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University applications have increased by 4 per cent this year to 659,030, new figures show.
Included in that is 9,000 more mature students than applied last year.
The Universities and Colleges Admission Service (UCAS) figures, which show applications up to the June 30 deadline, were described as “excellent news” by Professor Les Ebdon, the director of OFFA, the Office for Fair Access to higher education.
Applications from the home countries were up by 3 per cent, while applications from the rest of the EU rose by 5 per cent and from international students increased by 6 per cent.
The gender gap has widened with male applicants making up 42.8 per cent of the total compared with 43.1 per cent last year. Some 94,000 more women applied this year than men.
By subject, the biggest winners were science, technology, engineering and maths (STEM). Engineering applications rose by 10 per cent, while interest in computer science increased by 12 per cent.
Once again, applicants to foreign languages fell, with European and non-European suffering drops of 5 per cent.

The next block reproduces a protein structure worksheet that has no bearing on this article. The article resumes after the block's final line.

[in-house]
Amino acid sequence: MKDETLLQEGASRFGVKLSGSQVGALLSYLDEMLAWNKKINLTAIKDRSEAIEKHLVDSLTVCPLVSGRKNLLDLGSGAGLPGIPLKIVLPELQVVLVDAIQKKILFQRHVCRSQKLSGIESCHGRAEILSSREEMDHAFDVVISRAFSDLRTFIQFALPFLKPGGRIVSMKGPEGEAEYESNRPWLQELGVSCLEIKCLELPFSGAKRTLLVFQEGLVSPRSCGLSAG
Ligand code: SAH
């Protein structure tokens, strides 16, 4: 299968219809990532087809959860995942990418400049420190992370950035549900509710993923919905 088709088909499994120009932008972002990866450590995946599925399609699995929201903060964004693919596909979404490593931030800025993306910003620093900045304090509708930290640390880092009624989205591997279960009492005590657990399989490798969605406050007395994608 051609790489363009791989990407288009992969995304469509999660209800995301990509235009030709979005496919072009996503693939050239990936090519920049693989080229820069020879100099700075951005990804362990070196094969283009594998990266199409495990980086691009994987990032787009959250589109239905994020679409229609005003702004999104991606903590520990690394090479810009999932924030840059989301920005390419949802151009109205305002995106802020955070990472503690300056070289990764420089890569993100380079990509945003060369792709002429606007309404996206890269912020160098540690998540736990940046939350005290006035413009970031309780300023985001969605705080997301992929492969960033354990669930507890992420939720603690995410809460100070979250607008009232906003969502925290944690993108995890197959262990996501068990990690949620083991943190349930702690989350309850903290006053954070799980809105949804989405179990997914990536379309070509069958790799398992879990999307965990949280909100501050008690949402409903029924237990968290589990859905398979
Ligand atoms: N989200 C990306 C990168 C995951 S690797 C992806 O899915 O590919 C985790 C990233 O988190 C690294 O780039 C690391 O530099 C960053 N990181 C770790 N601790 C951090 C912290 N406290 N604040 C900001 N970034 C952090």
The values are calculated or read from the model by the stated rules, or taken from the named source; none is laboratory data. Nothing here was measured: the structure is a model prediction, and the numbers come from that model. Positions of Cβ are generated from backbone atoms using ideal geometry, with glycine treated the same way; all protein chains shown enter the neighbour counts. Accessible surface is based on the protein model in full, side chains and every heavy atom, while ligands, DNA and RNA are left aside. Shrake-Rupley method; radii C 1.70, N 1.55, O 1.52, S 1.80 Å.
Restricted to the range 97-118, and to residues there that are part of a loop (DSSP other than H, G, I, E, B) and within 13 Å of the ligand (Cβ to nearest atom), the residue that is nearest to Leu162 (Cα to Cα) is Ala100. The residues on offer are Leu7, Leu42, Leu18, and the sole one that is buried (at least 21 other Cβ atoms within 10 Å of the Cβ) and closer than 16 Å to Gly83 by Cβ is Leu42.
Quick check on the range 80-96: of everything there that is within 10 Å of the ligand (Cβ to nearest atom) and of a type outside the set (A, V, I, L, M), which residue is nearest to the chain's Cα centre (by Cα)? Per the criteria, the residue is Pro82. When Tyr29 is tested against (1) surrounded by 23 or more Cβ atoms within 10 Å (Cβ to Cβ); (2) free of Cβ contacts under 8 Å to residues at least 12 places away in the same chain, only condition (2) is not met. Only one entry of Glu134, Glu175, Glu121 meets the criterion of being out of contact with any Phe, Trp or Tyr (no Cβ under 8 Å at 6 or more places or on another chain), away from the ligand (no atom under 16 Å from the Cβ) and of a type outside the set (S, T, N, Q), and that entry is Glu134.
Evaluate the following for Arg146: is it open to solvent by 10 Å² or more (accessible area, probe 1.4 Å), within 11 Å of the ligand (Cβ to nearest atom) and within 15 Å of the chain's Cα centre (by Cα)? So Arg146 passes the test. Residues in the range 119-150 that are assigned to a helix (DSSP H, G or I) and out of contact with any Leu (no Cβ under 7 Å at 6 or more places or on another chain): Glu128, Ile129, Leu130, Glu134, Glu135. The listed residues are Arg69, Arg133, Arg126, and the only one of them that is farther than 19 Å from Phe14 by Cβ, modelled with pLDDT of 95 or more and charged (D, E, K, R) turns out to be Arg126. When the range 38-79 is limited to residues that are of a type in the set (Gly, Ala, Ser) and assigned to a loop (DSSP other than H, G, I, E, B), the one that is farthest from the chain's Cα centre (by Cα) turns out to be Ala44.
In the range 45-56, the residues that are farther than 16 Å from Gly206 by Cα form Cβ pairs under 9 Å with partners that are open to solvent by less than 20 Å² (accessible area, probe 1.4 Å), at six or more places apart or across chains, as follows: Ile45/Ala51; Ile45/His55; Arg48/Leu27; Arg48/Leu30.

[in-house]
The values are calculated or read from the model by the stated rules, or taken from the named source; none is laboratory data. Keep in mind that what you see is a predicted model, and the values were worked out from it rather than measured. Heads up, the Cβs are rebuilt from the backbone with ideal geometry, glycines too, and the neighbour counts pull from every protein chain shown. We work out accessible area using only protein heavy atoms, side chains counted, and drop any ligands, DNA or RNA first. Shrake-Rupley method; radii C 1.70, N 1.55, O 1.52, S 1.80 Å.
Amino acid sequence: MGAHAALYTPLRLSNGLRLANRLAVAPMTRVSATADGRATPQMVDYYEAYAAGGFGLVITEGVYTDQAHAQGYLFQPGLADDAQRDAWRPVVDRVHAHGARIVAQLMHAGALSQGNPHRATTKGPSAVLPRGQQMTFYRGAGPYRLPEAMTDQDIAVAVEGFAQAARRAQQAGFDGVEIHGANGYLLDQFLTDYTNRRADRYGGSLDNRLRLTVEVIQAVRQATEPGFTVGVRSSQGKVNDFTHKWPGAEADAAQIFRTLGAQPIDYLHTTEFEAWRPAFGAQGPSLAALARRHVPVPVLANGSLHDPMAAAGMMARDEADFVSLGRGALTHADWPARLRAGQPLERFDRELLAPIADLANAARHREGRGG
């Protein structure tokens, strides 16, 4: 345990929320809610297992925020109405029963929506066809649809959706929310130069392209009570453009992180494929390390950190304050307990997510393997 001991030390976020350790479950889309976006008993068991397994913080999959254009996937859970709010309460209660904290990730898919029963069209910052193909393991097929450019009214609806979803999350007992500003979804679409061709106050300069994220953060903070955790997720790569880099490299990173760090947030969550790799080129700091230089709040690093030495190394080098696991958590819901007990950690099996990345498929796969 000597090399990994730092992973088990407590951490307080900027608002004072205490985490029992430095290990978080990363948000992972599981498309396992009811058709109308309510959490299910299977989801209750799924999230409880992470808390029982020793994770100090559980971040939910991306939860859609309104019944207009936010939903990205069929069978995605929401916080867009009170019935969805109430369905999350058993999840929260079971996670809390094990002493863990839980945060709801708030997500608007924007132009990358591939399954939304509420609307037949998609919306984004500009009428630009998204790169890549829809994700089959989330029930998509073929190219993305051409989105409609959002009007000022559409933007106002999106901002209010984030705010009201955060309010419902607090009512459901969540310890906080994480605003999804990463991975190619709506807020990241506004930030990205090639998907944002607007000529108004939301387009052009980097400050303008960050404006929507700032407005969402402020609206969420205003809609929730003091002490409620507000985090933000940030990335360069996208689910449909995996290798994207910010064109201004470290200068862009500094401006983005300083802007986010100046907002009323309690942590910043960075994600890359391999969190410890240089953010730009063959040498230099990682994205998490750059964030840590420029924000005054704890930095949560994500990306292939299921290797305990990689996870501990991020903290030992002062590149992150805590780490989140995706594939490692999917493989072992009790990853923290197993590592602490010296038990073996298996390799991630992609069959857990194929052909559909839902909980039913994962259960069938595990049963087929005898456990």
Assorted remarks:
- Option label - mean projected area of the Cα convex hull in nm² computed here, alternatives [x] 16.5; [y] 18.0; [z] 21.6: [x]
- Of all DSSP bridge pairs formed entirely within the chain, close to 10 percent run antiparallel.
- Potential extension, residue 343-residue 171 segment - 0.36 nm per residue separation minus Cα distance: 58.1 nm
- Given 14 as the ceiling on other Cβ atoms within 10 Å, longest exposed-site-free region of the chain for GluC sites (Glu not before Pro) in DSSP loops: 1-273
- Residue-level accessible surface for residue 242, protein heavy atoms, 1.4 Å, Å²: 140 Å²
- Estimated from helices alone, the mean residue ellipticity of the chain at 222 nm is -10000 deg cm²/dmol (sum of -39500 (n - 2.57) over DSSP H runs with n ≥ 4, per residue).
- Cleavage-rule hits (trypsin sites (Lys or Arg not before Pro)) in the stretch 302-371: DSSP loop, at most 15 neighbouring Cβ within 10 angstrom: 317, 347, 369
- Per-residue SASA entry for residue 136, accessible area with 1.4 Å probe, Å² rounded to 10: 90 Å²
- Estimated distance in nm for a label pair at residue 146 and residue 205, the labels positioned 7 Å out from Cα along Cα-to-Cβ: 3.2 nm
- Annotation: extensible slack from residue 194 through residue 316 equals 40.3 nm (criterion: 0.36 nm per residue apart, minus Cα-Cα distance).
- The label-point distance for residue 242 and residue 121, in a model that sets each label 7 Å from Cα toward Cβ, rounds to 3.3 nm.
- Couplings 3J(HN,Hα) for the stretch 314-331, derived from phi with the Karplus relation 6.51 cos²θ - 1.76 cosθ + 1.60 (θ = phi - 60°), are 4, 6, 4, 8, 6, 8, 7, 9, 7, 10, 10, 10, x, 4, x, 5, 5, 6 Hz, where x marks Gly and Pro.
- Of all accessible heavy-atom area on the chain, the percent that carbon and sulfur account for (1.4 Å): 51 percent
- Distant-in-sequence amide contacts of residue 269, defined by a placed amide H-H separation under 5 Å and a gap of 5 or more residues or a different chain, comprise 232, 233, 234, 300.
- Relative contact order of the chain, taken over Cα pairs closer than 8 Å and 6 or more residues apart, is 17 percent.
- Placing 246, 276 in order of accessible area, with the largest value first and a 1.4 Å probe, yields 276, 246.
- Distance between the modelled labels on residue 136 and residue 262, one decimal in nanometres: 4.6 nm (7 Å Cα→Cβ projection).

Nicola Dandridge, Chief Executive of Universities UK, said:
“The opportunities afforded by higher education are not just there for young people, but also for people of any age. It is therefore particularly good to see an increase of nearly 9,000 more mature students compared to last year. We are a knowledge-based economy and rely increasingly on people to develop their skills throughout their lives.
“The increase in applicants applying for subjects such as engineering and computing is also welcome. Those subjects play a vital role in meeting the skills needs of UK employers in globally competitive industries.”
But she raised concerns that STEM subjects were still male dominated.
“It is still a concern that the number of women applying to study these courses remains disproportionally low when compared to the number of male applicants. Universities are aware of this and continue to work hard to encourage women into technology and engineering through their outreach activities.”
Professor Ebdon said:
“These figures are excellent news. Applicants are clearly recognising the advantages of higher education, and are embarking on a potentially life-changing journey. At the same time, our economy and society will continue to benefit from a consistent supply of highly-qualified graduates.”
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